Rahbani was hospitalized last week suffering low oxygen after he contracted the coronavirus and succumbed to COVID-19 on Monday.
Beirut's wounds on show in display of art damaged by port blast - Michael Safi, The Guardian
Exhibition presents torn paintings and grazed sculptures in a museum itself hit by explosion.
Why Lebanon's student protests are crucial to the country's future - Luna Safwan, The National
A new generation of politicians, unaffiliated to the entrenched ruling class in Beirut, will emerge from this movement
After their refugee camp was burned down, aid flowed in. They are the ‘lucky’ ones - Abby Sewell, L’Orient Today
An outpouring of support followed the torching of a Syrian refugee camp in northern Lebanon. But the response seems an outlier. Here’s why.
My life is on hold, frozen at the moment my son died in the Beirut blast - Sarah Copland, The Guardian
“The sun still rises and sets every day but I am stuck at 6.08pm on 4 August 2020, when Isaac was taken from me.”
🌍 Middle East, North Africa, & Diaspora 🌎
In the Middle East, Covid misinformation is putting lives at risk - Kareem Shaheen, The National
Leaders need to take the initiative to combat this issue as well as increase public trust in vaccines.
Palestinians excluded from Israeli Covid vaccine rollout as jabs go to settlers - Oliver Holmes and Hazem Balousha, The Guardian
Human rights groups accuse Israel of dodging obligations to millions in occupied territories who may wait months for vaccination.
Rowing the Nile: A Soothing Respite in a Chaotic Metropolis - Vivian Yee, The New York Times
Ancient pharaohs rowed the Nile. Now Egyptians have rediscovered the practice, finding a new perspective on the river that shaped their country.
Arab trailblazer Jabeur aims for titles and top 10 in 2021 - Reuters Staff, Reuters
Ons Jabeur made huge gains to climb to career-best rankings last year, but the Tunisian trailblazer is fed up with only reaching quarter-finals and wants to win titles in 2021 to secure a place in the top 10 of women’s tennis.
Syria’s Famished Victory - Lydia Wilson, Newlines Magazine
As the Syrian regime revels in its conquests, people under its rule are struggling to put food on the table.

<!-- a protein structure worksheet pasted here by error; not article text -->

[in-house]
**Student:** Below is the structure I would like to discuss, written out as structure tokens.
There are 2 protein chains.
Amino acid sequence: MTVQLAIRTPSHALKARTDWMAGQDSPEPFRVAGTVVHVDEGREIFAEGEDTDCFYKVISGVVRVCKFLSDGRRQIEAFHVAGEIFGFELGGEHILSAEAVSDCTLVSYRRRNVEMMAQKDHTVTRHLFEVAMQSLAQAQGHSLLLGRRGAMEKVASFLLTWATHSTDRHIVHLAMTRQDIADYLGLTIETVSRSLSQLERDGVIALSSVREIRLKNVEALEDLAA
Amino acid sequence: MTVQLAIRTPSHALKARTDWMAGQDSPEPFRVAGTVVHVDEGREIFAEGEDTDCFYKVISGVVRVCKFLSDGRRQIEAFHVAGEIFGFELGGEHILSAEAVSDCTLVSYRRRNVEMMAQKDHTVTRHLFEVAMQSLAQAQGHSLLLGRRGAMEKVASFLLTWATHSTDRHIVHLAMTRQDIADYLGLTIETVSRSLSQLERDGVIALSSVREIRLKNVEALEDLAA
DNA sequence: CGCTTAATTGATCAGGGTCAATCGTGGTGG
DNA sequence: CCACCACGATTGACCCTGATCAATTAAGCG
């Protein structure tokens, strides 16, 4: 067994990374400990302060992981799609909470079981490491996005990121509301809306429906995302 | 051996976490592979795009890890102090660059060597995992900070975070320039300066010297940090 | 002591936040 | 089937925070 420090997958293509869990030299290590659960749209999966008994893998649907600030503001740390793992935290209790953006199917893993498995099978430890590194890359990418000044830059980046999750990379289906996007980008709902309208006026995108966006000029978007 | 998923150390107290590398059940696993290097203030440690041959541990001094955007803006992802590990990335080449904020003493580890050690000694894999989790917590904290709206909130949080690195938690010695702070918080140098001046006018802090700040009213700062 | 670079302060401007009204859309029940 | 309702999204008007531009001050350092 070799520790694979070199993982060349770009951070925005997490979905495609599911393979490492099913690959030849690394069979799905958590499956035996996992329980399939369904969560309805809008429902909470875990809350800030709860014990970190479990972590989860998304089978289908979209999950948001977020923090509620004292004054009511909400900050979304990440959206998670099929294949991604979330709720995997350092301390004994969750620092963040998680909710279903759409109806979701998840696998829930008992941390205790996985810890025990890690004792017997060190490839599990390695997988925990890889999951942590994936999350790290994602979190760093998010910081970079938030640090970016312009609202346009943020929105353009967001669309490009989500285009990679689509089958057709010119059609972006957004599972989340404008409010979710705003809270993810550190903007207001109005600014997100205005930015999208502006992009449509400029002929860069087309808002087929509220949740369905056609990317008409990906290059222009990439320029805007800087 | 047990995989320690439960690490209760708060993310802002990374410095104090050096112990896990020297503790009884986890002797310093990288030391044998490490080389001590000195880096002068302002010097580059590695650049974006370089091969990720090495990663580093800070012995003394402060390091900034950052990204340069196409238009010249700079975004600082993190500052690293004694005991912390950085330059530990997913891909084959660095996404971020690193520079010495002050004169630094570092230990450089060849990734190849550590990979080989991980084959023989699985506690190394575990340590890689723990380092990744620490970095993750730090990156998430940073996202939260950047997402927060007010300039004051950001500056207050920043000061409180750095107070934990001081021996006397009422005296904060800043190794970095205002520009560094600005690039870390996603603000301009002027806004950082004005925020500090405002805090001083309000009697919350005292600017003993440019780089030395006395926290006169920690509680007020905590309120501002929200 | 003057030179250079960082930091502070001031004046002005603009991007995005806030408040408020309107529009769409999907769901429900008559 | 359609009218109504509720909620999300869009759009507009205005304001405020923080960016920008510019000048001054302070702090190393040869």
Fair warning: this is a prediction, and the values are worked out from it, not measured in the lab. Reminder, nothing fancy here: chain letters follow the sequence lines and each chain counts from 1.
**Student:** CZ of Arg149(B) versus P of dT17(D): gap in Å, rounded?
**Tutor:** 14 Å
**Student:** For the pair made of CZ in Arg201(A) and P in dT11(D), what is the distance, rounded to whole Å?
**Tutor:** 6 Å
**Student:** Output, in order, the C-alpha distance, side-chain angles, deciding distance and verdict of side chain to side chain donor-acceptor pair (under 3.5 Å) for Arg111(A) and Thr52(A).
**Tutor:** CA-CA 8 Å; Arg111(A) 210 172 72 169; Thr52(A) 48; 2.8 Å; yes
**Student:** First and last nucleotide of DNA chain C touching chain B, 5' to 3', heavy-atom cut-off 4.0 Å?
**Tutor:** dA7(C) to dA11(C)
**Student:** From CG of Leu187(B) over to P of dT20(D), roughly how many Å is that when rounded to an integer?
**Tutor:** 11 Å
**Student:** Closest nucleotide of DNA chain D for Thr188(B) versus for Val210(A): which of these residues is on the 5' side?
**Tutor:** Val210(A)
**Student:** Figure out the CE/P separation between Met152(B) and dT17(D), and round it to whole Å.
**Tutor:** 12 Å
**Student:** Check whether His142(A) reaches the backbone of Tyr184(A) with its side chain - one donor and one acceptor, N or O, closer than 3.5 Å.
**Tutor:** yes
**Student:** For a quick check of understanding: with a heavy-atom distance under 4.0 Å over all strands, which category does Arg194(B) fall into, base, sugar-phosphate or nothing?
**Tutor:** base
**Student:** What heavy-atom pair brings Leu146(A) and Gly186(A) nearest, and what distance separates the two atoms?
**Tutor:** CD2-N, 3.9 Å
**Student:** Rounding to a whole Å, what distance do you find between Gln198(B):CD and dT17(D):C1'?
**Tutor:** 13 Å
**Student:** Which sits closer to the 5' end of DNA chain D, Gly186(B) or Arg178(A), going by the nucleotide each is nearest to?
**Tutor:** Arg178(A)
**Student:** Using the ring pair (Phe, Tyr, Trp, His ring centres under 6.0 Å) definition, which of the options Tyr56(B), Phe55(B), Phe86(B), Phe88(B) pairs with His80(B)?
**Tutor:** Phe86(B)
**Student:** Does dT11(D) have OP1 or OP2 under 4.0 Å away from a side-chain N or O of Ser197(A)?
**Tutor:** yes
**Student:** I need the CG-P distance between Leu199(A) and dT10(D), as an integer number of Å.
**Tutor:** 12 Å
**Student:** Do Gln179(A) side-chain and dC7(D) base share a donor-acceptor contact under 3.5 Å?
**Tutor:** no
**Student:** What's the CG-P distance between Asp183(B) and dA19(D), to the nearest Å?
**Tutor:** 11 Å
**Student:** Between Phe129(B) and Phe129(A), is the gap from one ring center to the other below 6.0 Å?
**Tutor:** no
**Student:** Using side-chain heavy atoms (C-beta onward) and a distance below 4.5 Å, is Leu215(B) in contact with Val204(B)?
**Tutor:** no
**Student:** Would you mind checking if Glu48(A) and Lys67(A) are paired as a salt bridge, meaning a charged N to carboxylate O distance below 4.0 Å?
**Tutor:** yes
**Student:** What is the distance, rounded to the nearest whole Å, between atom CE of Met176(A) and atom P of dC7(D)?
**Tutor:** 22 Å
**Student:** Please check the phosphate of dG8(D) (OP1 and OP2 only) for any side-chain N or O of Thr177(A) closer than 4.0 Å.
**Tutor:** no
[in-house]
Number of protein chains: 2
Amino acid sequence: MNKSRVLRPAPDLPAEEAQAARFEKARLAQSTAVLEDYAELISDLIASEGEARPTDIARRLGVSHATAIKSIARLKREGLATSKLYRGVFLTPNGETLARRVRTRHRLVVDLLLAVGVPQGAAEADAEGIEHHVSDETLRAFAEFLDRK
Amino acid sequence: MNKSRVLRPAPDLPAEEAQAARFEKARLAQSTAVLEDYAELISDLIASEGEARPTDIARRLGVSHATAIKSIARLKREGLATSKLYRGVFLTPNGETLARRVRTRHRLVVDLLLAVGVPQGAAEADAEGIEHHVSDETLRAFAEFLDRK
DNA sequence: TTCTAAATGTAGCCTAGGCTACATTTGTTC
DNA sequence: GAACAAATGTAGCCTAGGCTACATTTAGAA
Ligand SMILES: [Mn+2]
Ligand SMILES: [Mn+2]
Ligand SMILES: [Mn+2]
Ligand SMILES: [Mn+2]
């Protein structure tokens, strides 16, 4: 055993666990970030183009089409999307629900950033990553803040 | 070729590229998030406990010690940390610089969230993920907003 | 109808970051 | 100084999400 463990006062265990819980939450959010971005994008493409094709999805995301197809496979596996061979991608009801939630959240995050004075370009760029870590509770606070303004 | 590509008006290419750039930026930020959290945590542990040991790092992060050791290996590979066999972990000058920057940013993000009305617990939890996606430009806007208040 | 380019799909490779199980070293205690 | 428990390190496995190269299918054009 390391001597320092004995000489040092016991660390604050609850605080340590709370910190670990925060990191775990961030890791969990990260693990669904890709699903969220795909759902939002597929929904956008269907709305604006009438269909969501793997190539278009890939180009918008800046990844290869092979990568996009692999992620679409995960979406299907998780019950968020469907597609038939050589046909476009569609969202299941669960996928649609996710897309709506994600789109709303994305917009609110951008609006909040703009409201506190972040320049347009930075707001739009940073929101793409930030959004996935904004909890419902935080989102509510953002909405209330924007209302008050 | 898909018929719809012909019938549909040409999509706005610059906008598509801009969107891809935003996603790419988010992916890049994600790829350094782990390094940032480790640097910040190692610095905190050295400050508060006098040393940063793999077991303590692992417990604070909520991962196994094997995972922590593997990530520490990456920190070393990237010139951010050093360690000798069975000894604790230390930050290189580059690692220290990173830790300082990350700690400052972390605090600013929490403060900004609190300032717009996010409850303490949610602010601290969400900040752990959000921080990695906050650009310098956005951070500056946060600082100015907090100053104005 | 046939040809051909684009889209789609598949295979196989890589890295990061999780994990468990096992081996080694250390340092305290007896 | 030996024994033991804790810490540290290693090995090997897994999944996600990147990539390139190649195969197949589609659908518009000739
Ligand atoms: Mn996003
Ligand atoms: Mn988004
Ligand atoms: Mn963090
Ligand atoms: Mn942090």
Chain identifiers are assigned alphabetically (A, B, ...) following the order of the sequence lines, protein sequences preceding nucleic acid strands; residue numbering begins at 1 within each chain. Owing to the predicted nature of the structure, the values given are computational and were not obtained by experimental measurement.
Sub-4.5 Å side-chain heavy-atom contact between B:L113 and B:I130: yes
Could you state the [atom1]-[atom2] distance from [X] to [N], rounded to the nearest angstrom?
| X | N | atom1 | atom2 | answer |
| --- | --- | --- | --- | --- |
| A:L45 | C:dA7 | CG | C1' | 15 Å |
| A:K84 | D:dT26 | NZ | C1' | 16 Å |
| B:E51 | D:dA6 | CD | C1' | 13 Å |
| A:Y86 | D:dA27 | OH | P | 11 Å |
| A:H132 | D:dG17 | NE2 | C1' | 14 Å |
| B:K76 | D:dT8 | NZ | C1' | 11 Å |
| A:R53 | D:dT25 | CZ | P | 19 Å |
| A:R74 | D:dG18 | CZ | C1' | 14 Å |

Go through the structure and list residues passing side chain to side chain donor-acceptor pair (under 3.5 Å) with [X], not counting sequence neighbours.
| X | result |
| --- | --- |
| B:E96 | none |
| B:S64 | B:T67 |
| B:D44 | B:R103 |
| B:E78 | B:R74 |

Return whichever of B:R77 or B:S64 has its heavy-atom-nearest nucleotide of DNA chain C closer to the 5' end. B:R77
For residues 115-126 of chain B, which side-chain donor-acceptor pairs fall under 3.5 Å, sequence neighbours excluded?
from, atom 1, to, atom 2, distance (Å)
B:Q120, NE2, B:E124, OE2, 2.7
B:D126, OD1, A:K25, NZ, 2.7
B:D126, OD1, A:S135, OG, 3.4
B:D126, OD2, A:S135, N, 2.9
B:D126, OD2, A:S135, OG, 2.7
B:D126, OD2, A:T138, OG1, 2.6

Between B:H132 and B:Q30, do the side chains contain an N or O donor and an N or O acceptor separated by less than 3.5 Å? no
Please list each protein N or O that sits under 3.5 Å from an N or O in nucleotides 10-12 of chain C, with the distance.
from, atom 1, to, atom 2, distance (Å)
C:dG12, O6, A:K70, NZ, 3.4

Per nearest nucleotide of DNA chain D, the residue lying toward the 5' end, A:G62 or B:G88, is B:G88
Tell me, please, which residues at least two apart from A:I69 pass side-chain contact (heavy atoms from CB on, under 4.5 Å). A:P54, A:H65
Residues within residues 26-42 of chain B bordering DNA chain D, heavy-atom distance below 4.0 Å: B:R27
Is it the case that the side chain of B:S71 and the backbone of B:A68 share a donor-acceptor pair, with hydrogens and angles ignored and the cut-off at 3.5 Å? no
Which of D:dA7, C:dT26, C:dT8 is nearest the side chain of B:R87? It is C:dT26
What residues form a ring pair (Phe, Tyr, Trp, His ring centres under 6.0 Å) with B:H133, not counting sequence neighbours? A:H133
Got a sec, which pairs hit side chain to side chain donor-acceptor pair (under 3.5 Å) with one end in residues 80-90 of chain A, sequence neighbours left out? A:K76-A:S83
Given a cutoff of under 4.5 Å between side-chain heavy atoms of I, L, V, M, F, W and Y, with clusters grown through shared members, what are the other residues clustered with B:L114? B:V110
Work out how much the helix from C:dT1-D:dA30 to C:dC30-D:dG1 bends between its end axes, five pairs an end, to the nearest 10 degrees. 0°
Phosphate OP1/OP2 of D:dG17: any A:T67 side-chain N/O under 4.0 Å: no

🎶 Music & Culture 🎶
6 Rising Female Moroccan Singers to Have on Your Radar - Jihane Bougrine, Vogue Arabia
Manal, Abir, Faouzia, Ilham, Yousra, Jaylann. The Moroccan music industry is booming as young, female artists raise their voices.
The Wondrous Rhymes of MF Doom - Hua Hsu, The New Yorker
For the wildly original rapper, who died at age forty-nine, the mask he wore while performing offered a narrative device and protection from judgment.
Aly & AJ Came to F––k 2021 Up - Gabrielle Sanchez, Vulture
The sisters talk about the explicit version of “Potential Breakup Song” that broke the internet, their new album, and Disney
Las Sombras Are the New Vanguard of Argentine Rock - E.R. Pulgar, Rolling Stone
The inheritors of Argentina’s rock legacy are tapping into a new sound with shades of tango, bolero, and the giants of ‘rock nacional’
The Hidden Depths of Alex Trebek’s Banter with “Jeopardy!” Contestants - Beth Blum, The New Yorker
What those mid-game chats revealed about being ordinary.
📚 Other Reads 📚
Not In The Middle East Or Latin America: The Capitol Storming Was All-American - Rowaida Abdelaziz, HuffPost
The reality is the use of violent force and intimidation for political gain has always been part of the U.S. narrative.
For Black People, Wednesday Was Just Another Day in America - Michael Harriot, The Root
“The ones stunned by this shocking turn of events are the same ones who just learned that police shoot unarmed Black people when videos started popping up in their Facebook feed.”
Platforms Must Pay for Their Role in the Insurrection - Roger McNamee, WIRED
Facebook, Twitter, and YouTube have spent years fomenting and enabling yesterday’s violence at the Capitol. Policymakers need to do something about it.
The Pro-Trump Mob Was Doing It For The ’Gram - Elamin Abdelmahmoud, BuzzFeed News
The assault on the Capitol, and on democracy, also felt like a meme-making social media performance.
Visible Men: Black Fathers Talk About Losing Sons to Police Brutality - Mosi Secret, GQ
Mosi Secret asked the fathers and father figures of Michael Brown, Terence Crutcher, Daniel Prude, Rayshard Brooks, George Floyd, and Jacob Blake to reflect on the violence that forever altered their families’ lives—and what it means to raise a Black man in America.